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Steve & Barb Shortreed
144 Hill St., E.
Fergus, ON, Canada
N1M 1G9

Phone: 519-787-2892
Fax: 519-787-2673
Email: barb@letterville.com

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» The Letterville BullBoard » Letterhead/Pinstriper Talk » Adventures in sign painting . . .

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Author Topic: Adventures in sign painting . . .
Sheila Ferrell

Member # 3741

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Here's what I did on a Sunday afternoon . . .

if not interesting work-wise, I hope you find my work at least amusing . . .

I chose the warmest part of the day for no apparent reason.

It was only a simple 4x8x.75 oval outline & script lettering but it still took 5 hours.

The blue canvas awning soaked up the paint, but the latex paint dried fast, so I worked areas I could reach from each ladder position, coating and recoating as spots dried.
Average 4 coats (or more).

I started left, and moved my ladder 4 times to work a section.

This job was fairly easy. I ended up around $35 an hour - using only about a pint of paint.

Don't tell anybody.

But every job has it's one little problem.

This one just had a few more . . .

The big problems (in order of size):

#1 problem: I'm too old & fat.
The resulting problem has occured even in my 30's, but usually during the last 5 minutes before coming down off the ladder - not within the first 5 minutes of starting . . .
standing on the ladder for roughly 65 minutes per section - my feet & ankles kept going numb a lot. Constantly had to pull a foot off to bend & stretch it, prop a foot up on next rung, etc, all, of course, while holding paint can & brush . . .

Trapeze artists really got nothin' on us sign painters . . . furthermore, they could do not do their work at all if they were fat.

#2. It was windy so the awning cloth moved a lot. Made painting crisp edges difficult which added to time involved.

Wind also slightly increases the painters natural 'caution' level to the next level or what some call 'anxiety', when on the ladder . . . (see 1)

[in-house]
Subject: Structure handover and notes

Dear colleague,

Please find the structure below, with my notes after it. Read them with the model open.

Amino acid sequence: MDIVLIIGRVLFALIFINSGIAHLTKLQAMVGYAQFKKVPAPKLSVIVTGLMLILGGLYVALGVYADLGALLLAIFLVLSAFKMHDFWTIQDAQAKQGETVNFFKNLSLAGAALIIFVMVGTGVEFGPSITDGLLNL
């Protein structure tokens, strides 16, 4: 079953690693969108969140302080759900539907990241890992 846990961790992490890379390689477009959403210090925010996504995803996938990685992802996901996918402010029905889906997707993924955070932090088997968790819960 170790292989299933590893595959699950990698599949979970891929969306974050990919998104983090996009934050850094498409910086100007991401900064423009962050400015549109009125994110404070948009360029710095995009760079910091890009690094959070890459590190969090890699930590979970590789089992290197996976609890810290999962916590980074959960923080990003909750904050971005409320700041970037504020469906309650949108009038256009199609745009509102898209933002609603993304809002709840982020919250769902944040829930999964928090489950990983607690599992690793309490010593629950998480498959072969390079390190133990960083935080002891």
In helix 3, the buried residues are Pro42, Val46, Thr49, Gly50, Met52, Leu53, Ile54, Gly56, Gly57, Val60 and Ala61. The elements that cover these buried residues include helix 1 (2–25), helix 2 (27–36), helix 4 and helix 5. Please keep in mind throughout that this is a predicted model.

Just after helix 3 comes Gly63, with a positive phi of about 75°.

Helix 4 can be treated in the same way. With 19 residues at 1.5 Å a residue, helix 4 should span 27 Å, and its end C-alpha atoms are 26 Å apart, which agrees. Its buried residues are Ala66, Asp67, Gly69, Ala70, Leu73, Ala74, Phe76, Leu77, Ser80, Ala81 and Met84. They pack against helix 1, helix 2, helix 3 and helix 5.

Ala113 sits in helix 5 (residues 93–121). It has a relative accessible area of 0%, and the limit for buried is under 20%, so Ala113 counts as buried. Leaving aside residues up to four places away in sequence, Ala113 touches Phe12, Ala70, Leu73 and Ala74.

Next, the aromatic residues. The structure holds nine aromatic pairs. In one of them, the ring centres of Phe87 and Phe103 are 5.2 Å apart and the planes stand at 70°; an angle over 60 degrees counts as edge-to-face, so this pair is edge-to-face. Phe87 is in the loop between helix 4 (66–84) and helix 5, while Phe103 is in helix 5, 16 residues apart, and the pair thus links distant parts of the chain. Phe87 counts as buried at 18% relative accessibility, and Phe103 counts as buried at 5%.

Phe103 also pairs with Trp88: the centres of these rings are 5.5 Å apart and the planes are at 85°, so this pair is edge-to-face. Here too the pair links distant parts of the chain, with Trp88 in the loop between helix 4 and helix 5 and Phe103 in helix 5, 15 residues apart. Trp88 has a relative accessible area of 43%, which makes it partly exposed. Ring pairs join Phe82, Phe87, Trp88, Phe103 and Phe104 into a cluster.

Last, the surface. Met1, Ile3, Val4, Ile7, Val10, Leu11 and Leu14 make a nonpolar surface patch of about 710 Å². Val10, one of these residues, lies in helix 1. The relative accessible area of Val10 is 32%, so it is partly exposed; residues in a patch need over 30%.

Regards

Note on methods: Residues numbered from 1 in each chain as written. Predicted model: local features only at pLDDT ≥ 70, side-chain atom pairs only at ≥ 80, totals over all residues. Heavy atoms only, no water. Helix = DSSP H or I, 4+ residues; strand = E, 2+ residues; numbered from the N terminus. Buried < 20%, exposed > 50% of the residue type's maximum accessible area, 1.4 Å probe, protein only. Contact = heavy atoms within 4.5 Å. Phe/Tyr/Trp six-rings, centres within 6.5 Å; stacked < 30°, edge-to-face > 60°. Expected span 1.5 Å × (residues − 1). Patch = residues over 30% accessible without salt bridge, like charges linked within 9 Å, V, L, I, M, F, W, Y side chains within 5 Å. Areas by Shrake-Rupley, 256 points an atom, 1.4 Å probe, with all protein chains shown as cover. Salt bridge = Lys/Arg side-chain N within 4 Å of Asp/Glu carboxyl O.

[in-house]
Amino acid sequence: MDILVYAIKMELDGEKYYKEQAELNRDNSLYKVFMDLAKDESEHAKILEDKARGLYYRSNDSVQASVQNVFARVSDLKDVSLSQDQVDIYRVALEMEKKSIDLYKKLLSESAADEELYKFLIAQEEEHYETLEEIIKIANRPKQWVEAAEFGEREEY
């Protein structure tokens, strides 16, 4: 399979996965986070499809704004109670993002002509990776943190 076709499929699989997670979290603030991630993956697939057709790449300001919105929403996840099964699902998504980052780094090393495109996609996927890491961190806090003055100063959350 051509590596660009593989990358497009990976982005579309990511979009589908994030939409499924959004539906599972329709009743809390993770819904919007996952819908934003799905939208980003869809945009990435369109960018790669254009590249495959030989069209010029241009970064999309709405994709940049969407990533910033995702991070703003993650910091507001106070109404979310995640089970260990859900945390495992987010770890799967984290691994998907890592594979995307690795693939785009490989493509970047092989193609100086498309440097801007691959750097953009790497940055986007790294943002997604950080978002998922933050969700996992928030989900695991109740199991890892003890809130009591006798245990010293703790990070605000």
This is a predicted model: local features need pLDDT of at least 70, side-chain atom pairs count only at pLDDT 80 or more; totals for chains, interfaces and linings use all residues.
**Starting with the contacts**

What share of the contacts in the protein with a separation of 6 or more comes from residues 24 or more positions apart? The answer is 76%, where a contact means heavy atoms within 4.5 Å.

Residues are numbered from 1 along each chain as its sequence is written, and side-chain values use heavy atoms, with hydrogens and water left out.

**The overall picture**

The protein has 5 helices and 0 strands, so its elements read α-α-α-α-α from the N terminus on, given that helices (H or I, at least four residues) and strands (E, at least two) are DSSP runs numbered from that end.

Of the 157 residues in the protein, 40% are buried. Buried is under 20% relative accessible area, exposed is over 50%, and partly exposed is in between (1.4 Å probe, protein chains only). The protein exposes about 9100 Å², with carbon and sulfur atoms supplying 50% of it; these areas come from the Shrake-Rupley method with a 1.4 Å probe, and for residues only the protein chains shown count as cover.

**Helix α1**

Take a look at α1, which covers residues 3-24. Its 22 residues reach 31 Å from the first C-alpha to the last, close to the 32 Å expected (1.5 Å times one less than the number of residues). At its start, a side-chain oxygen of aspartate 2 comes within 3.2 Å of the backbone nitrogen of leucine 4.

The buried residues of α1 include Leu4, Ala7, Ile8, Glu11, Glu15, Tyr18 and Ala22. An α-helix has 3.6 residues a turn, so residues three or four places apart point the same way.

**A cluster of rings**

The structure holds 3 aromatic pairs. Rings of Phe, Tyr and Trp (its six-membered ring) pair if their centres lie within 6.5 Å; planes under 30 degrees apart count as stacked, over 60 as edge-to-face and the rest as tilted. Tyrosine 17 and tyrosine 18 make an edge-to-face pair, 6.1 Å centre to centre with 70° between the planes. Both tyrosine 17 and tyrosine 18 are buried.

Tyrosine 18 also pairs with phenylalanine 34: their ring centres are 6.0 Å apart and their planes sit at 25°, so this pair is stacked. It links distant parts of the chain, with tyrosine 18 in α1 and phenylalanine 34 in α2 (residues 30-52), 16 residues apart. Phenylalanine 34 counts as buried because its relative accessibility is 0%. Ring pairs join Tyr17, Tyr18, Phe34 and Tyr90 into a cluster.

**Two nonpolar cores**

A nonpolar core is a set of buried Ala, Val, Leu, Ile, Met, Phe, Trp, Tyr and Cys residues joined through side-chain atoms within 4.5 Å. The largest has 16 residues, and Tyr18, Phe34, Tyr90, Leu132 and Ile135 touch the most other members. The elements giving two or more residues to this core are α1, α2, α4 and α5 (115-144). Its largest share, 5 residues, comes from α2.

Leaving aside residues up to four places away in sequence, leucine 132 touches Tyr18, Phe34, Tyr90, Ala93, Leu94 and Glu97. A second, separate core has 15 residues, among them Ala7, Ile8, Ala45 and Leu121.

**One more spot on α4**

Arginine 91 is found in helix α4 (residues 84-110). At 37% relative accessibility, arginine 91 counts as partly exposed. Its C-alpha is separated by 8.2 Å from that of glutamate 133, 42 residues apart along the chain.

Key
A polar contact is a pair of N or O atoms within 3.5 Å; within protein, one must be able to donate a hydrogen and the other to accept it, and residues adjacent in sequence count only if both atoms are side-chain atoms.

Studies have shown, & scientists have determined anxiety makes you fatter.

3. It was kinda hot yesterday. That is, if your carefully balancing in one spot for about 60 minutes in direct sunlight . . .
SHOULD'A arrived early enough to be in morning shade . . . but, the wind did help cool me off a lot . . .
(see 2)

4. The pitch of the awning is very steep which is actually good.
It's just over 14 feet to the top of the awning, plus it has a really strong frame. Most awnings are way too flimsy to lean a ladder against.

My step ladder was more stable, but still wouldn't allow me to reach the very top of the oval.
My fiberglass extension ladder is much taller, but I feared the added weight on the awning frame.

My aluminum ladder was about right fully extended, but I still had to work on it from the truck bed to reach the high spots.
The awning material was kinda slick - possible left-right ladder-sliding hazard coulda been reduced by using some grip-cloth . . . which naturally, I didn't bring . . .

Problem #5:
This job took 5 hours.
(see 1 thru 4, plus 6)

With a taller ladder I would've saved time not using the truck. Positioning the truck, and repeatedly positioning plywood under one ladder-foot in the truck-bed adds time. Climbing in and out of the truck bed just to awaken limbs adds minutes.

Moving slow and carefully climbing up/down the ladder due to trick-knee, and so as not to slide left-right adds time, as do frequent ladder-perch stretching excercises . . .

Pausing during wind gusts, and/or going slower trying to press the awning-cloth taut with left elbow, and/or right pinky while lettering -
yeh - the minutes pile up . . .

For those of you unfamiliar with these specialized balancing acts, keep in mind, the left hand is holding a paint cup. The right hand is holding the brush. The painter is perpetually balancing, focusing on the work progress, all while caution & stability is being pondered in the subconscious - here, we are discussing physical stability only. Mental stability is another subject . . .